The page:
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Posted: October 26, 2018

Mexican Government Bond Defendants’ Motion to Dismiss Part Two

In this post, we follow up on our October 2, 2018, post, which covered arguments made by the Defendants in In re Mexican Government Bonds Antitrust Litigation, 18-cv-02830 (In re MGB) to dismiss Plaintiffs’ Consolidated Amended Class Action Complaint (the “Complaint”) concerning whether Plaintiffs made plausible allegations of an antitrust conspiracy and made adequate allegations for individual defendants. We now summarize the remaining arguments made in Defendants’ motion, which concern whether plaintiffs have established antitrust standing, have failed to state a claim for unjust enrichment, and whether Plaintiffs’ claims are time-barred and barred by the Foreign Trade and Antitrust Improvements Act.

As before, we commend your attention to our July 30, 2018, post, which summarizes the factual allegations in the Complaint.

Failure to Allege Antitrust Standing

In order to have standing to assert antitrust claims, it is required that a plaintiff allege that it has experienced an “antitrust injury” and that it be an efficient enforcer of antitrust laws. Defendants assert that Plaintiffs’ antitrust standing is insufficient on both grounds.

Antitrust Injury: For purposes of antitrust standing, an “antitrust injury” must be 1) an injury-in-fact; 2) that has been caused by the violation; and 3) that is the type of injury contemplated by the statute. Defendants argue that Plaintiffs have failed to adequately plead that each of their various theories as to Defendants’ collusion actually resulted in injury to Plaintiffs.

Auction Rigging Conspiracy: Plaintiffs allege that Defendants rigged the weekly auctions of Mexican Government Bonds (MGBs) conducted by the Mexican Government by sharing information with each other and coordinating bids to fix prices. Defendants argue that Plaintiffs have failed to show how the allegedly suppressed auction prices raised prices Plaintiffs paid on the secondary market such that injury was caused to them.

Post Auction Inflation: Plaintiffs alleged that prices were inflated by Defendants during the post-auction period of the day of the MGB auction by the Mexican Government, but according to Defendants, Plaintiffs do not allege that prices were inflated “on Non-Auction Days, when Defendants do not have new inventory of MGBs to sell.” Defendants argue that since Plaintiffs do not plead that they bought the MGBs on the day they were auctioned, or, to the extent they bought MGBs on auction days, that they bought tenors that were actually auctioned that day, Plaintiffs have failed to show how this alleged inflation caused injury to Plaintiffs.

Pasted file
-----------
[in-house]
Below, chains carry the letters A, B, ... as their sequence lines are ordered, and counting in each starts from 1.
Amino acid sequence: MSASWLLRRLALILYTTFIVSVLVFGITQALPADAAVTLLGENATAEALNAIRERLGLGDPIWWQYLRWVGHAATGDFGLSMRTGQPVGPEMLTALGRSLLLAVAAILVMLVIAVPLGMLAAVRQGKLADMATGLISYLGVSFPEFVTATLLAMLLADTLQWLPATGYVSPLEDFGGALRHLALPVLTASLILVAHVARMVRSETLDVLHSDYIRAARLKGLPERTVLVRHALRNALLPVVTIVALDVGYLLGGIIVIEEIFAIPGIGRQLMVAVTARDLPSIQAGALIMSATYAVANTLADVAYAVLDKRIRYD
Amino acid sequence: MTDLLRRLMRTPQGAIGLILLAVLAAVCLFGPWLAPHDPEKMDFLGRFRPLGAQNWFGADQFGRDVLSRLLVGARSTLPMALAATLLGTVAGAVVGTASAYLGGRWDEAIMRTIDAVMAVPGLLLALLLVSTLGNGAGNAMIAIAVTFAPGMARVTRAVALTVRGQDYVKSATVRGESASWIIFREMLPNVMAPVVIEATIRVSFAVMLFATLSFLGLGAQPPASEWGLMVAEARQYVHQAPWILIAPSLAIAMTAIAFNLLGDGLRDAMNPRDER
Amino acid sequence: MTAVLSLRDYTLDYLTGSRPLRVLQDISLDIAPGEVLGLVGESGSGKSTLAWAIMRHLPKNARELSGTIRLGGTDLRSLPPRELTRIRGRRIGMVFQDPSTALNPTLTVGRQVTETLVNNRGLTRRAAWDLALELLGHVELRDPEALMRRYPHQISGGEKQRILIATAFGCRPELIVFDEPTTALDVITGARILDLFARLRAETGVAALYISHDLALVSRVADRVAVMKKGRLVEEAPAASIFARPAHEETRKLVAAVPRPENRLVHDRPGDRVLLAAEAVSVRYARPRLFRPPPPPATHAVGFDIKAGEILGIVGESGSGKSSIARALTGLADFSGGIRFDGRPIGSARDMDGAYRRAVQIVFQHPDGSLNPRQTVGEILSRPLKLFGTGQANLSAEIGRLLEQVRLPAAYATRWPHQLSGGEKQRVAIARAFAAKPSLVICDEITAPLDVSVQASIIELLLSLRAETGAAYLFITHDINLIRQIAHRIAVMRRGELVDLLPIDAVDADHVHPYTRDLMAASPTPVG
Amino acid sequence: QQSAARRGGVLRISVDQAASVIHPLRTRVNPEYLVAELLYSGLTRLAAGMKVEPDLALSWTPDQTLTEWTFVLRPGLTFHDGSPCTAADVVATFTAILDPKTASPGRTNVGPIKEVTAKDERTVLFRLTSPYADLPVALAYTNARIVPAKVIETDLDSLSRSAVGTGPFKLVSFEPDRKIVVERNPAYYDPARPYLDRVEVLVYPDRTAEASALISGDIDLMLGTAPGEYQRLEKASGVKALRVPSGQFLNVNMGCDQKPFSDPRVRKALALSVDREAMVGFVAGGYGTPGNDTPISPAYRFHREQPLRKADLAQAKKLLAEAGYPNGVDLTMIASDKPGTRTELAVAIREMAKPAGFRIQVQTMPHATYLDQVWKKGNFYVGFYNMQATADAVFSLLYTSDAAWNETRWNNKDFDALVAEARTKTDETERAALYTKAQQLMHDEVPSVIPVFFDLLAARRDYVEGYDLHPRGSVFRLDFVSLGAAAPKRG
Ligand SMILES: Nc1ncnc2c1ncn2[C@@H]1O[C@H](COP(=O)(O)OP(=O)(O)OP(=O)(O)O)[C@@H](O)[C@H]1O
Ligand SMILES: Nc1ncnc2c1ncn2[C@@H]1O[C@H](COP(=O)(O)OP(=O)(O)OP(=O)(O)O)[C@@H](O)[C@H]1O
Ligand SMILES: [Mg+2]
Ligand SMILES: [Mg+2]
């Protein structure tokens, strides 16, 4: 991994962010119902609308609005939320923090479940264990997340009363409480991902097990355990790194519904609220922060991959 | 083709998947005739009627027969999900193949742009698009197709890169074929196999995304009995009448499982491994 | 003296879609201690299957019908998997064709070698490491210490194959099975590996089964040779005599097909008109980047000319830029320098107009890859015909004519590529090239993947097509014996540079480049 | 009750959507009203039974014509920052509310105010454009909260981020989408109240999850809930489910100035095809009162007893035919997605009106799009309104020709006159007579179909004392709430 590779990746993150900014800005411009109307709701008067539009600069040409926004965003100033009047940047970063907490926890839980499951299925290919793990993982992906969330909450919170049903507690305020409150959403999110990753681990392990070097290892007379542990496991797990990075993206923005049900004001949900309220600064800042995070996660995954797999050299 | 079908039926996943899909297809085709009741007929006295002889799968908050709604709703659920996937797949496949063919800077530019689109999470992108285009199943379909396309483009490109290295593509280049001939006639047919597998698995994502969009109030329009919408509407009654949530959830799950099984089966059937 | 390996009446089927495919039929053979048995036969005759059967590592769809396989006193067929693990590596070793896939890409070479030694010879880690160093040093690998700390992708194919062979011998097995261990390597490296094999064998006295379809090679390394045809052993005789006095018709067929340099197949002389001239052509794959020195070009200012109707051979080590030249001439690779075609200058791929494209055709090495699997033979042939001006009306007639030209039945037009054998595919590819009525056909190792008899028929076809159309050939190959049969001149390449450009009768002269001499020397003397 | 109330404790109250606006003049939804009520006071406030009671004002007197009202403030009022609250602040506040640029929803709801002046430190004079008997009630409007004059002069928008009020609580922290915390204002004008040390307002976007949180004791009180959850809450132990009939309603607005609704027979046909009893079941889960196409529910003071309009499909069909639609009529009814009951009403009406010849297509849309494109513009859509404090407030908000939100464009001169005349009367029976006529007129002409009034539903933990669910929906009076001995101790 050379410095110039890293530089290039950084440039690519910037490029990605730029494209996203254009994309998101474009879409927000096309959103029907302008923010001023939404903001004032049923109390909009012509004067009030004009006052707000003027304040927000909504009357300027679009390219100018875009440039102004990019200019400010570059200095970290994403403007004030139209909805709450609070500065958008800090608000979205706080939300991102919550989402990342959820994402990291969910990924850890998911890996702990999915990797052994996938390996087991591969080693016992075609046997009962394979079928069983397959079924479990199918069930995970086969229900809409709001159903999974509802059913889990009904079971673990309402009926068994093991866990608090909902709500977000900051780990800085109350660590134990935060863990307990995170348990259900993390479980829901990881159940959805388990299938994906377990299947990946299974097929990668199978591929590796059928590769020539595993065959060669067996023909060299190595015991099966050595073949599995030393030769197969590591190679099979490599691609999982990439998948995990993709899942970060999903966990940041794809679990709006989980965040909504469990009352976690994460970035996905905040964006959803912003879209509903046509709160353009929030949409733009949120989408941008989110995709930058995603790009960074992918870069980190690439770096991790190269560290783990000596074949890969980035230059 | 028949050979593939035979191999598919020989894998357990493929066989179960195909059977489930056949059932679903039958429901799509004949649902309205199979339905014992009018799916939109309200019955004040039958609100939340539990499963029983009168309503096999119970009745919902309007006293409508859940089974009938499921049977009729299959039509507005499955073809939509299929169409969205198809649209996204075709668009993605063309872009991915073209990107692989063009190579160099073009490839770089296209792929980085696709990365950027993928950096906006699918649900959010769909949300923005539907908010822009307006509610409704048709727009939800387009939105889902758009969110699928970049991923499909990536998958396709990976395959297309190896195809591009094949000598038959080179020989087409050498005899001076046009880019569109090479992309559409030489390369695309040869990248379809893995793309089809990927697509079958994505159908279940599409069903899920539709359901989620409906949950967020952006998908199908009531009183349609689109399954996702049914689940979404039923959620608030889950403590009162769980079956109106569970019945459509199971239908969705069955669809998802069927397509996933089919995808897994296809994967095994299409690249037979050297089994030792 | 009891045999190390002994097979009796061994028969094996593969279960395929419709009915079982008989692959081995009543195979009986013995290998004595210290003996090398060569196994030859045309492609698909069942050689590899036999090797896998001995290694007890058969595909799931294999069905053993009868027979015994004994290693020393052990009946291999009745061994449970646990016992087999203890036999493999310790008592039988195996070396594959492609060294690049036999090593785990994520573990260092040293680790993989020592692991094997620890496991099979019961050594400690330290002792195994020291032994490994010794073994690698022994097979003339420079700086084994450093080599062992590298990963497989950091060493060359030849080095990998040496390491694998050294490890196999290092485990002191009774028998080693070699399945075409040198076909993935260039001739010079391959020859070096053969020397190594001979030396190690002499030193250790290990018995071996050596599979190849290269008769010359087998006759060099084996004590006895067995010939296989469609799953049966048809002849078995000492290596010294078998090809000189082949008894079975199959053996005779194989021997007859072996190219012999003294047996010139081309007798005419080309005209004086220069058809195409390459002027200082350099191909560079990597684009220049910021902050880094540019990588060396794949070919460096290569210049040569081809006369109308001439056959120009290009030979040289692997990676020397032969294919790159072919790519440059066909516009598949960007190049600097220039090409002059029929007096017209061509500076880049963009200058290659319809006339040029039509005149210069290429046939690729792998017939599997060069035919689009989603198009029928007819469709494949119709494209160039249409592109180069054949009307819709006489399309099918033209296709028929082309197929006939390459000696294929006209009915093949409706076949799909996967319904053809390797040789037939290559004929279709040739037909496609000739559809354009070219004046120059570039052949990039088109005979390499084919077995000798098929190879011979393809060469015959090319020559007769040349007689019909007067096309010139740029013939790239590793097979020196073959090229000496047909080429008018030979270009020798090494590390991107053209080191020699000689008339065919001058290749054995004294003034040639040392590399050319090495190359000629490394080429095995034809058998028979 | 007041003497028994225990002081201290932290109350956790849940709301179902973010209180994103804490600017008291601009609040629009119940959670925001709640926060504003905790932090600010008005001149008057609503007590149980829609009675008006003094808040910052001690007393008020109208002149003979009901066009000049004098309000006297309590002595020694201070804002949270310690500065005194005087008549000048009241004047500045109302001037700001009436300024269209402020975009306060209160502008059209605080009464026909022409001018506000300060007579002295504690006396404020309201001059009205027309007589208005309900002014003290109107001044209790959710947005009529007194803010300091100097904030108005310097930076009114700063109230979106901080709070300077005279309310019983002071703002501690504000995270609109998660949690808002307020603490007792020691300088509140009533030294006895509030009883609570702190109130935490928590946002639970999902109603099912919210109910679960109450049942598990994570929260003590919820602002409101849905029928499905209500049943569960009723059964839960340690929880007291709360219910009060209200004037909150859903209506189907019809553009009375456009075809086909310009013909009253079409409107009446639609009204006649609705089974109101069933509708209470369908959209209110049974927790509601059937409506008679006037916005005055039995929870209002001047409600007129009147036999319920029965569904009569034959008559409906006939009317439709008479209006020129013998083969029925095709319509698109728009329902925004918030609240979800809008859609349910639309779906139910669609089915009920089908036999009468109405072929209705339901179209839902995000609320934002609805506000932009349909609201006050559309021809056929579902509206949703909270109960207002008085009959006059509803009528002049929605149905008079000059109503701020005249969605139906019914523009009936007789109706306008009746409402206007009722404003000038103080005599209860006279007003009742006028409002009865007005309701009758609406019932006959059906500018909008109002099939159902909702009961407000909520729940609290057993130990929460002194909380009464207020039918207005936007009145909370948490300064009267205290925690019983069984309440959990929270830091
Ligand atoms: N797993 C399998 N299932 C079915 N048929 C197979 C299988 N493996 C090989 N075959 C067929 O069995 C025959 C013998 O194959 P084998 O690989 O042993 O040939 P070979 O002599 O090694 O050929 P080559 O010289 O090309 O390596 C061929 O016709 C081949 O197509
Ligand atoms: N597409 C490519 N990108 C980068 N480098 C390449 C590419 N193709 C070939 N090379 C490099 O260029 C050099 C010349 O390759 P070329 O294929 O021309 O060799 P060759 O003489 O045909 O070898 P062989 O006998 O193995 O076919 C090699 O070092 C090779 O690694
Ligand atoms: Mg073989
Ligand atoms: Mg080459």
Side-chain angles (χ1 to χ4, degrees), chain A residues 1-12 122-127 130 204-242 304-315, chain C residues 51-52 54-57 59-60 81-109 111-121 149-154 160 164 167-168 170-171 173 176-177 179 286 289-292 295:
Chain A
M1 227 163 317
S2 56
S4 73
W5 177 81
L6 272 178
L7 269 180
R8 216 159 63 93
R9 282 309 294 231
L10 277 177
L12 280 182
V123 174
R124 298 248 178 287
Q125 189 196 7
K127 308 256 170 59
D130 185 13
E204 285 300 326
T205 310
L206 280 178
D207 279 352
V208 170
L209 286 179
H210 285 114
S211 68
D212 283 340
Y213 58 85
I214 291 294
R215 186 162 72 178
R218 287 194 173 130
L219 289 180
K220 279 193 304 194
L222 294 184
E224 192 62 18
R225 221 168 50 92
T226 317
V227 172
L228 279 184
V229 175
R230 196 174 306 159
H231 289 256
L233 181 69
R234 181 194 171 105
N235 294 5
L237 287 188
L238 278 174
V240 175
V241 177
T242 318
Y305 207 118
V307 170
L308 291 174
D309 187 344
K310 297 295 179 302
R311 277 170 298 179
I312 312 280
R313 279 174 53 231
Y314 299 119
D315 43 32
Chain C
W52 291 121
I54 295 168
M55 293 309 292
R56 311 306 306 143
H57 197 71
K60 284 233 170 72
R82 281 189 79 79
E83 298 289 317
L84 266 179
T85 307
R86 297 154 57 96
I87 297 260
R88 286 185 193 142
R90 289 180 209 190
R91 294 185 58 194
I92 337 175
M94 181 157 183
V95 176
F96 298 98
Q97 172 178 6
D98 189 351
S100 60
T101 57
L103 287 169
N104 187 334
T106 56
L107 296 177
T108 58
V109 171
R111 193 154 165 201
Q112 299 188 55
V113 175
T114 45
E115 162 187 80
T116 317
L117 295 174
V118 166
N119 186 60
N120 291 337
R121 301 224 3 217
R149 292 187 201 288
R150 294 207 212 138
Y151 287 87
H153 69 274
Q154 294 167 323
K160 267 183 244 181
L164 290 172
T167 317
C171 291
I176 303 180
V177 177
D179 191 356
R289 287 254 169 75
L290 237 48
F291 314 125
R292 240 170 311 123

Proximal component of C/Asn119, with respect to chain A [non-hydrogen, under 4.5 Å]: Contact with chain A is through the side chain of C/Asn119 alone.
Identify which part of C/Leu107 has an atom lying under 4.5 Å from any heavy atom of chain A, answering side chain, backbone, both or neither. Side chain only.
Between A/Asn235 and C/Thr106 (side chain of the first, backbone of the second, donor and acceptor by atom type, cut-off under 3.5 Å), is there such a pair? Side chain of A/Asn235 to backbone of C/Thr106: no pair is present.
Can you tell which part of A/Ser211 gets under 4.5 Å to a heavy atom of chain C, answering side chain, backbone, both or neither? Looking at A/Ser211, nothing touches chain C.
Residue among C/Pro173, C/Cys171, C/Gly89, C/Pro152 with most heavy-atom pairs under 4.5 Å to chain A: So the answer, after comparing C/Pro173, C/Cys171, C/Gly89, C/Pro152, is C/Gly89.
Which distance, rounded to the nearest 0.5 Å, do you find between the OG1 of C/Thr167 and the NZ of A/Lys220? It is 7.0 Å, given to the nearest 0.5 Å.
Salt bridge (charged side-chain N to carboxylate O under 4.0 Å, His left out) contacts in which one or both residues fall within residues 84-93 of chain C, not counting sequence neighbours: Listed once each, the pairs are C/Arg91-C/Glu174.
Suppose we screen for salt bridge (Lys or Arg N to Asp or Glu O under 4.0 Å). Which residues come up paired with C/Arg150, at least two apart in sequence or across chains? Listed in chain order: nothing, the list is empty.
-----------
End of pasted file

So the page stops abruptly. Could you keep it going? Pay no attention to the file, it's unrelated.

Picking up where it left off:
Spread-Widening Conspiracy: Plaintiffs allege that after the MGBs were initially offered on the secondary market, Defendants agreed to artificially widen the “bid-ask spread,” the difference between the bid price that a Defendant would agree to buy a particular type of MGB from a consumer and what a Defendants would agree to sell that same type of MGB for, as listed in the “two-way quote.” Plaintiffs further allege that because of this, they were “overcharged each time they purchased MGBs from Defendants and underpaid each time they sold MGBs to Defendants.” Defendants argue that this is a conclusory assertion of injury, since the charts included in the Complaint only show “median” bid-ask spreads from 2006 through 2017, and do not therefore show that the bid-ask spread was widened for all transactions over the course of 11 years, or at least identify a single, particular transaction that was.

Bondes D: There are four types of MGBs, each of which differ from each other in how interest is paid to the holder. According to Defendants, Plaintiffs do not actually allege that they themselves bought one particular type of MGB, Bondes D. Therefore, Defendants argue, Plaintiffs could not have suffered any injury as to those bonds.